Bombardier To Sell Recreational Products Division

Sale to include Sea-Doo, Johnson and Evinrude
Two years ago, Bombardier rescued the Johnson and Evinrude brands from bankruptcy court. Now, the brands are a part of a larger sale that the company is using to prevent it from facing its own day in bankruptcy court.
Bombardier announced on April 3 that it is selling its Bombardier Recreational Products Division as part of a larger restructuring/refocus on the Quebec-based corporation.
The division includes Sea-Doo personal watercraft and jet boats, Ski-Doo and Lynx snowmobiles, Bombardier-brand ATV and the relatively newly acquired Johnson and Evinrude outboard engine division.
The move is being hastened by tough times in Bombardier’s major aerospace and transportation divisions. Bombardier President and CEO Paul M. Tellier said the planned sale of the Recreational Products Division is due to its success, not its failure.
“Anybody could ask, ‘Why are you selling that business unit,’” Tellier said during a teleconference announcing the restructuring. “Because it is the most liquid asset in our portfolio. And secondly, because we need the equity.”
The company said it plans to raise as much as $1.5 billion with the sale.
In the fiscal year that ended Jan. 31, 2003, Bombardier Recreational Products recorded sales of $2.5 billion, with earning before taxes totalling $138.4 million. That compares to companywide Bombardier sales of $23.7 billion that netted a $615.2 million loss.
Future of Rec Products Up In The Air
Even before the April 3 announcement, speculation about the future owners of Bombardier Recreational Products was causing a stir among powersports and marine industry analysts.
The list of possible suitors that floated through the rumor mill included Brunswick, Honda, Harley-Davidson, John Deere and Polaris Industries. But many of those same observers stated that Bombardier would have to be in dire straights to actually go through the rumored sale, because of the company’s heritage in recreational equipment.
Bombardier was founded when inventor J. Armand Bombardier started toying with ideas for over-the-snow travel in 1922, and many of the surviving members of the Bombardier family have held high position in the Recreational Products Division. With those same family members controlling a fair share of Bombardier stock, many said speculation about the future of Recreational Products was just that — speculation.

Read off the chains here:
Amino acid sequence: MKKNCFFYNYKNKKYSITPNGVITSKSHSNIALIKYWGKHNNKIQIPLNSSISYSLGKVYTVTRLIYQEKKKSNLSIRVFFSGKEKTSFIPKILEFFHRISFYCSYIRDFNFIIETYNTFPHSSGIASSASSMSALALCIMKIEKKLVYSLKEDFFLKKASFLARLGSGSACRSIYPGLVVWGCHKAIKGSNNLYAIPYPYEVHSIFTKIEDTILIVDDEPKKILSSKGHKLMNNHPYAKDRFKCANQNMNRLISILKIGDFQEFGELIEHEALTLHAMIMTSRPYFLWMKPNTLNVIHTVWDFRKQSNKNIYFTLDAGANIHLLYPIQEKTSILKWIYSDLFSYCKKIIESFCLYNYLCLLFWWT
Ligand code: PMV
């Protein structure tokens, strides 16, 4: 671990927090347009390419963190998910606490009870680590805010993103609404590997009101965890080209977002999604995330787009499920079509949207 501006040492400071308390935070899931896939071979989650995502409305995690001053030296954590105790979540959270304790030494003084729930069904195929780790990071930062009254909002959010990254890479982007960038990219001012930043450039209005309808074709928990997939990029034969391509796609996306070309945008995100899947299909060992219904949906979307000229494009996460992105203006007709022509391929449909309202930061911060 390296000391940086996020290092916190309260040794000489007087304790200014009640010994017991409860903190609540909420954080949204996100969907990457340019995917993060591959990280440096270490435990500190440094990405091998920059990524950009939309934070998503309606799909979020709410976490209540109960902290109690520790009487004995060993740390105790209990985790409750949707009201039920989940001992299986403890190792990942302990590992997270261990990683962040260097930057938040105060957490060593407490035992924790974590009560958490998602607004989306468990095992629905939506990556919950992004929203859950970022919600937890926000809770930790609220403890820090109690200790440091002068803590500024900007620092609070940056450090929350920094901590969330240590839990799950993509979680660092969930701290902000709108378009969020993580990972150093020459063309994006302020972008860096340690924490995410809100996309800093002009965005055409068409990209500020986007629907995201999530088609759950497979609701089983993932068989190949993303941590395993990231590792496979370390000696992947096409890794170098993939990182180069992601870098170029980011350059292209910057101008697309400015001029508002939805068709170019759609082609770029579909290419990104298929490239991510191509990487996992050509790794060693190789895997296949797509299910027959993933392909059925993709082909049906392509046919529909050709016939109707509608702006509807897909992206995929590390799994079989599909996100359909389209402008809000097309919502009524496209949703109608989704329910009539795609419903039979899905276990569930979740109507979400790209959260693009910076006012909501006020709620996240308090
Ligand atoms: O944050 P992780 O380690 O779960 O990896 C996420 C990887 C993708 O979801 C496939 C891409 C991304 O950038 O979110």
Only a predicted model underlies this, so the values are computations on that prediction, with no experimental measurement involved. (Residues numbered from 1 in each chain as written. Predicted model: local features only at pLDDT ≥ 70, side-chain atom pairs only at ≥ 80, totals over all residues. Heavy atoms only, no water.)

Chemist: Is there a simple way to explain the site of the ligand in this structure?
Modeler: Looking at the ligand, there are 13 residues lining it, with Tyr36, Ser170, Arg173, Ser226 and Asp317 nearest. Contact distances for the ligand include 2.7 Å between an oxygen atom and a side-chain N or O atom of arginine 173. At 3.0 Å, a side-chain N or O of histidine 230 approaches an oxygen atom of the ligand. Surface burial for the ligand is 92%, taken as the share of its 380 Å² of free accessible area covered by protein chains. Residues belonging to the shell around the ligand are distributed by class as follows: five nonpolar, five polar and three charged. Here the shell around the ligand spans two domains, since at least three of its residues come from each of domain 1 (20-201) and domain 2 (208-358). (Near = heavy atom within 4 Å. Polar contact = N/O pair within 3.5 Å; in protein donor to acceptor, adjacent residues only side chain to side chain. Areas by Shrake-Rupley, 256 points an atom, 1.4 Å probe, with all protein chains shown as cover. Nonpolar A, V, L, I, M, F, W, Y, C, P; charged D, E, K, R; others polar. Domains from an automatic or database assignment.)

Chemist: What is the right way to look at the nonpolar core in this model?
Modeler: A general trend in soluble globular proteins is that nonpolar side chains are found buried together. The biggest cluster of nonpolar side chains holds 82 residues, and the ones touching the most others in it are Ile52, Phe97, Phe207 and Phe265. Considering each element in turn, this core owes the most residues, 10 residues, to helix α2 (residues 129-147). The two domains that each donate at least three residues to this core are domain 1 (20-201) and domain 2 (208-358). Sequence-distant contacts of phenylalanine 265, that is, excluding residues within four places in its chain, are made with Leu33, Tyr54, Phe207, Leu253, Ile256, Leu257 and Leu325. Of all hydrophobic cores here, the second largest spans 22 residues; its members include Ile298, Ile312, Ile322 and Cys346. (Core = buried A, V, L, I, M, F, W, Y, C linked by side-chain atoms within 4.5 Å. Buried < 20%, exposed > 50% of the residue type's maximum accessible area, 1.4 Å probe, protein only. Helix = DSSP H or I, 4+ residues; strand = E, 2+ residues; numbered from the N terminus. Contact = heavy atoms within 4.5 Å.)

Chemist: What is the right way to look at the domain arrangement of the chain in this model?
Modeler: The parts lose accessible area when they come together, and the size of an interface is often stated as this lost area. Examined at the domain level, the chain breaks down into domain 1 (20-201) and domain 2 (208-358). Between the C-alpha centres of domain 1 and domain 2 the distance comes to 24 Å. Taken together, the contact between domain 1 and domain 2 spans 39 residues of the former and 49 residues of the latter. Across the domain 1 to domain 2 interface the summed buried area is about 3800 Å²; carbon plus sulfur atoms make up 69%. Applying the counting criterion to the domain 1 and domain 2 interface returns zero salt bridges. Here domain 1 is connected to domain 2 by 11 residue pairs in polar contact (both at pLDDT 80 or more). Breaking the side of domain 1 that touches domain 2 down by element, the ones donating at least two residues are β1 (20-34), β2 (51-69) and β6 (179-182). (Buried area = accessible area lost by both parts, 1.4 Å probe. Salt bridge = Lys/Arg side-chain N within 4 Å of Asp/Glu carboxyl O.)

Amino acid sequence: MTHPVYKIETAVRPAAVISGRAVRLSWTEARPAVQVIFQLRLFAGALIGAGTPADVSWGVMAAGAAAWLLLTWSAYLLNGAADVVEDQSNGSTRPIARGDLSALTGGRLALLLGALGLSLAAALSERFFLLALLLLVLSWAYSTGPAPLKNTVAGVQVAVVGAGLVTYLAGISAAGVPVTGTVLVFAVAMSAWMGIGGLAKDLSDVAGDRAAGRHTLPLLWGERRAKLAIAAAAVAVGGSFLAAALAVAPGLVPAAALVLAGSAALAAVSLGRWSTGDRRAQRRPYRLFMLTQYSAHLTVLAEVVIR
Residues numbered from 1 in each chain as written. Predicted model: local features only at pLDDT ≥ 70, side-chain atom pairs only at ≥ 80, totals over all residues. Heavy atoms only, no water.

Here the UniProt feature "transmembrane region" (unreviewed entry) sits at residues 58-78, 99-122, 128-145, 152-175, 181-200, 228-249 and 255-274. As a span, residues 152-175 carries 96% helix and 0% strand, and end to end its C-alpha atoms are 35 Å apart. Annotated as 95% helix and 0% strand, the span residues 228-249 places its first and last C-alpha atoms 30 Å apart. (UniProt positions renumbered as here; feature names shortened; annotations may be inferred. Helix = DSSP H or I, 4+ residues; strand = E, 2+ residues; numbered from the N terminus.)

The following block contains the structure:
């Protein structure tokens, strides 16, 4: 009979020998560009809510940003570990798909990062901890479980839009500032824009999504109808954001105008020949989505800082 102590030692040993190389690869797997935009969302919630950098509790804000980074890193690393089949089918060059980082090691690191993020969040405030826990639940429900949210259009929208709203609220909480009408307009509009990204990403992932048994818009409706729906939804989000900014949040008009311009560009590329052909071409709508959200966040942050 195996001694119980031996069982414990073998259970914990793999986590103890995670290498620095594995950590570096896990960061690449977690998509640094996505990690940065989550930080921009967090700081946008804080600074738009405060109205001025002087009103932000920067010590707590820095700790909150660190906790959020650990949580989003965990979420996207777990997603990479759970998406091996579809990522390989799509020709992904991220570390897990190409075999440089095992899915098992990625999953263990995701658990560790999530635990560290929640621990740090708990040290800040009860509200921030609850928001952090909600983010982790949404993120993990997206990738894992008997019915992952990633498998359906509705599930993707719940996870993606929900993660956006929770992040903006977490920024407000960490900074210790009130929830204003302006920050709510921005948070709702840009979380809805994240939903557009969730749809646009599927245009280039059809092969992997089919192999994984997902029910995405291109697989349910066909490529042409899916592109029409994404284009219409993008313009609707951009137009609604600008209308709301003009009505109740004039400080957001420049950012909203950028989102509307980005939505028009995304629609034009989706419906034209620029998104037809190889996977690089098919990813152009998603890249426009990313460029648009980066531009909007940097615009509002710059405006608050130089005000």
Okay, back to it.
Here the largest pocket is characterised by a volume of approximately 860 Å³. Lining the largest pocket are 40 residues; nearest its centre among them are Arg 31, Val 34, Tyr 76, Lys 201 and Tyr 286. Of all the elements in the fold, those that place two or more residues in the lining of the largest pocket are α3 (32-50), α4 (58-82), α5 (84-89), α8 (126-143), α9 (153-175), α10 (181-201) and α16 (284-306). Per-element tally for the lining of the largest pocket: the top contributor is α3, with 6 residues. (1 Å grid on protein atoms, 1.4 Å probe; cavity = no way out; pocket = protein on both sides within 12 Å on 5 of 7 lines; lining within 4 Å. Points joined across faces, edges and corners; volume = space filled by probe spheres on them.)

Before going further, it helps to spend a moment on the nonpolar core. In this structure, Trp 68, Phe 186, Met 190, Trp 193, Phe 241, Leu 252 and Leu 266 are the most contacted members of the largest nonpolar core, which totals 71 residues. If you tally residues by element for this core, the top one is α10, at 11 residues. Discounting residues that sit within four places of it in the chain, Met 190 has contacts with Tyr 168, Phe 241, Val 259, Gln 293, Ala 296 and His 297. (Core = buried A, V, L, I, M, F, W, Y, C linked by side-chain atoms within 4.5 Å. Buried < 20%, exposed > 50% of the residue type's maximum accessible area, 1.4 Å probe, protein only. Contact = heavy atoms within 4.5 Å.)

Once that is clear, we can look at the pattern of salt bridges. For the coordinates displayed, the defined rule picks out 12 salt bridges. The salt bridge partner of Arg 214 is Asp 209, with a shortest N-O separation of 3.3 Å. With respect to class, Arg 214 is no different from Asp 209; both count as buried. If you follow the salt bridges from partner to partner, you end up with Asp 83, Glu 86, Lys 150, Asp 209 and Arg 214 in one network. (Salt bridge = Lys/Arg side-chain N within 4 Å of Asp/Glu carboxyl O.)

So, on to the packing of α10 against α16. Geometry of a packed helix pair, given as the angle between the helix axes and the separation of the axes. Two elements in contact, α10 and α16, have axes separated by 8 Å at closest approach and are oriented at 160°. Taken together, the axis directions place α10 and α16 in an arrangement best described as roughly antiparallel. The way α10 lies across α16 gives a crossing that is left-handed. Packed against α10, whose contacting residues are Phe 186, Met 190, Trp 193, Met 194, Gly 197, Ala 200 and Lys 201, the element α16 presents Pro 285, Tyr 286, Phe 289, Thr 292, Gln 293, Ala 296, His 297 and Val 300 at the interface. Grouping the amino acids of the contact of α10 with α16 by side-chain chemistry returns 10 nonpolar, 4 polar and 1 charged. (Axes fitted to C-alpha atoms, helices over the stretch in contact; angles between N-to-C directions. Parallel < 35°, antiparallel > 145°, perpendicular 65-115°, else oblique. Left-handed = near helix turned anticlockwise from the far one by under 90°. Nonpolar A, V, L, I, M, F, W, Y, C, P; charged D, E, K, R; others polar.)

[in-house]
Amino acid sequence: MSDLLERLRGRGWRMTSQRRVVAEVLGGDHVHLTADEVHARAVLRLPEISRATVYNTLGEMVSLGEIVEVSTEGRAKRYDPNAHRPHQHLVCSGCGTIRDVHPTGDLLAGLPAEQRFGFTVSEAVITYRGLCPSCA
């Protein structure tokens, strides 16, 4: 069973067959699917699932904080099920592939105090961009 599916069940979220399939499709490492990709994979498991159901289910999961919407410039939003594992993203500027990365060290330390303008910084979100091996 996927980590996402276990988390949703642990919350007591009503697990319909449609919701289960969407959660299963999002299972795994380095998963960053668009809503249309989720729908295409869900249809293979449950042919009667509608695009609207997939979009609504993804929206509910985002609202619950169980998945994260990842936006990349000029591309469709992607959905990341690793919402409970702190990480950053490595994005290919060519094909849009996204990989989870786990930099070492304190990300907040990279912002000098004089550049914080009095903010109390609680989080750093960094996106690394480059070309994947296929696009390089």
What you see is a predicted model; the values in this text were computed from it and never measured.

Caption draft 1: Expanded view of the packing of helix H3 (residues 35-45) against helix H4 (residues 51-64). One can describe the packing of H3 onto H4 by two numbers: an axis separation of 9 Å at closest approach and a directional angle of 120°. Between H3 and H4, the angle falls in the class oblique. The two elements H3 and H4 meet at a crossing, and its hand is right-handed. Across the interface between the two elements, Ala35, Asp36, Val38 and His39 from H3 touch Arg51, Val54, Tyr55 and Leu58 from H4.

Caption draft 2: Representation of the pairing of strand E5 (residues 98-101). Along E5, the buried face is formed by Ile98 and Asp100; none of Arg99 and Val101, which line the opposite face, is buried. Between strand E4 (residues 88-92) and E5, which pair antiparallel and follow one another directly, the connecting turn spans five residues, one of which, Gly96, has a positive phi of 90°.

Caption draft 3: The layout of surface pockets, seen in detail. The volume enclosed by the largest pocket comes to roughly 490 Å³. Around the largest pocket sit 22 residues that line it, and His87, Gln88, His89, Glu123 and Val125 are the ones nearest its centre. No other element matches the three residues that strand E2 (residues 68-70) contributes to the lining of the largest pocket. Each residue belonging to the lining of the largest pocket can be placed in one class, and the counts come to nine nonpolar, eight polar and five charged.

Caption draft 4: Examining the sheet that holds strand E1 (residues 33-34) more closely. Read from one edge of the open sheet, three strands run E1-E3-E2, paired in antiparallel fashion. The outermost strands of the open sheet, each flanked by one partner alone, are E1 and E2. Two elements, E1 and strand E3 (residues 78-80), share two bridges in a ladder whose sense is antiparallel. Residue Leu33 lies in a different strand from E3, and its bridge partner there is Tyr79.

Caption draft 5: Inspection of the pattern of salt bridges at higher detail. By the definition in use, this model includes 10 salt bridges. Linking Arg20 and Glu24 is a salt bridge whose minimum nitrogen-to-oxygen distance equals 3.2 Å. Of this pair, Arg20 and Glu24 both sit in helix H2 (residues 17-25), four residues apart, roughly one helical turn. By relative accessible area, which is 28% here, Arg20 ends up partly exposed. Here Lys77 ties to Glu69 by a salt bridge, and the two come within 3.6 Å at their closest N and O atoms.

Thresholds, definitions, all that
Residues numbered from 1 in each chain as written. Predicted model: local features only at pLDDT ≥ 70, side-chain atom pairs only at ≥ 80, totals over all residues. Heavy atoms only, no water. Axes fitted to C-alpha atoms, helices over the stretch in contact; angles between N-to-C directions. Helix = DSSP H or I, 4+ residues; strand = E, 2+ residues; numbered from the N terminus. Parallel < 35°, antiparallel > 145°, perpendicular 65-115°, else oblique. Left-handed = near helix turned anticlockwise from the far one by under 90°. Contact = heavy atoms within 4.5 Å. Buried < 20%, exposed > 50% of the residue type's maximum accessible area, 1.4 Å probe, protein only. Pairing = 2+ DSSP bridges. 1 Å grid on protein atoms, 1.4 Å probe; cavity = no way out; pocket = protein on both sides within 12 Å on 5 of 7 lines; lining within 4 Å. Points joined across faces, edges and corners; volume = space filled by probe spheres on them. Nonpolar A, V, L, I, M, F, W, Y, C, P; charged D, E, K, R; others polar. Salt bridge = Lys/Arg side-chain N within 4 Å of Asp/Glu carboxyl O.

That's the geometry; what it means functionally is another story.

In fact, one Bombardier official we spoke with on April 2 said, “I never thought it could actually happen — until the last 24 hours. Now it seems like something is going to happen.” About 18 hours later, Tellier confirmed it.
The Bombardier family may still be a part of the division’s future, however. According to Bombardier’s press releases, “members of the Bombardier family have expressed an interest in participating in the process as part of an eventual group of investors seeking to acquire the recreational products business.”
Because the Bombardier Board Of Directors includes several members of the Bombardier family (including board chairman and former president Laurent Beaudoin, J. Armand Bombardier’s son-in-law), an independent committee was set up to monitor the sale.
In his April 3 address, Tellier stressed the sale will be an “open process to maximize the value to our shareholders.” Still, many speculate that the family will end up as leaders of whatever group buys Recreational Products.
What It Could All Mean
Certainly the planned sale of any person’s division would cause a bit of insecurity, but officials throughout Bombardier’s Recreation Products Division said employees largely took the news of the planned sale as good news.
In recent years, Bombardier has asked all of its divisions, including Recreational Products, to undergo cutbacks and layoffs as the larger company weathered the tough times in aerospace, transportation and defense systems.
Now, by not having to weather the ups and downs of these unrelated industries, the Recreational Products Division can live and die on its own, one official pointed out. And traditionally, the Recreational Products Division has been quite profitable, he added.
Meanwhile, Bombardier officials are plotting a future led by aerospace and transportation. The company plans to add $1.5 billion in capital with the sale of the Recreational Products Division and raise another $800 million through a new stock offering. Plus the company claims to have $44.4 billion in order for its planes, trains and other products.
“In spite of the current uncertainties, I am confident that the fundamentals of our core businesses are sound,” Tellier said. “We have good products, good people, loyal customers and good technology. We can also rely on a strong backlog of orders, which provides our manufacturing facilities with two to three years of work.”

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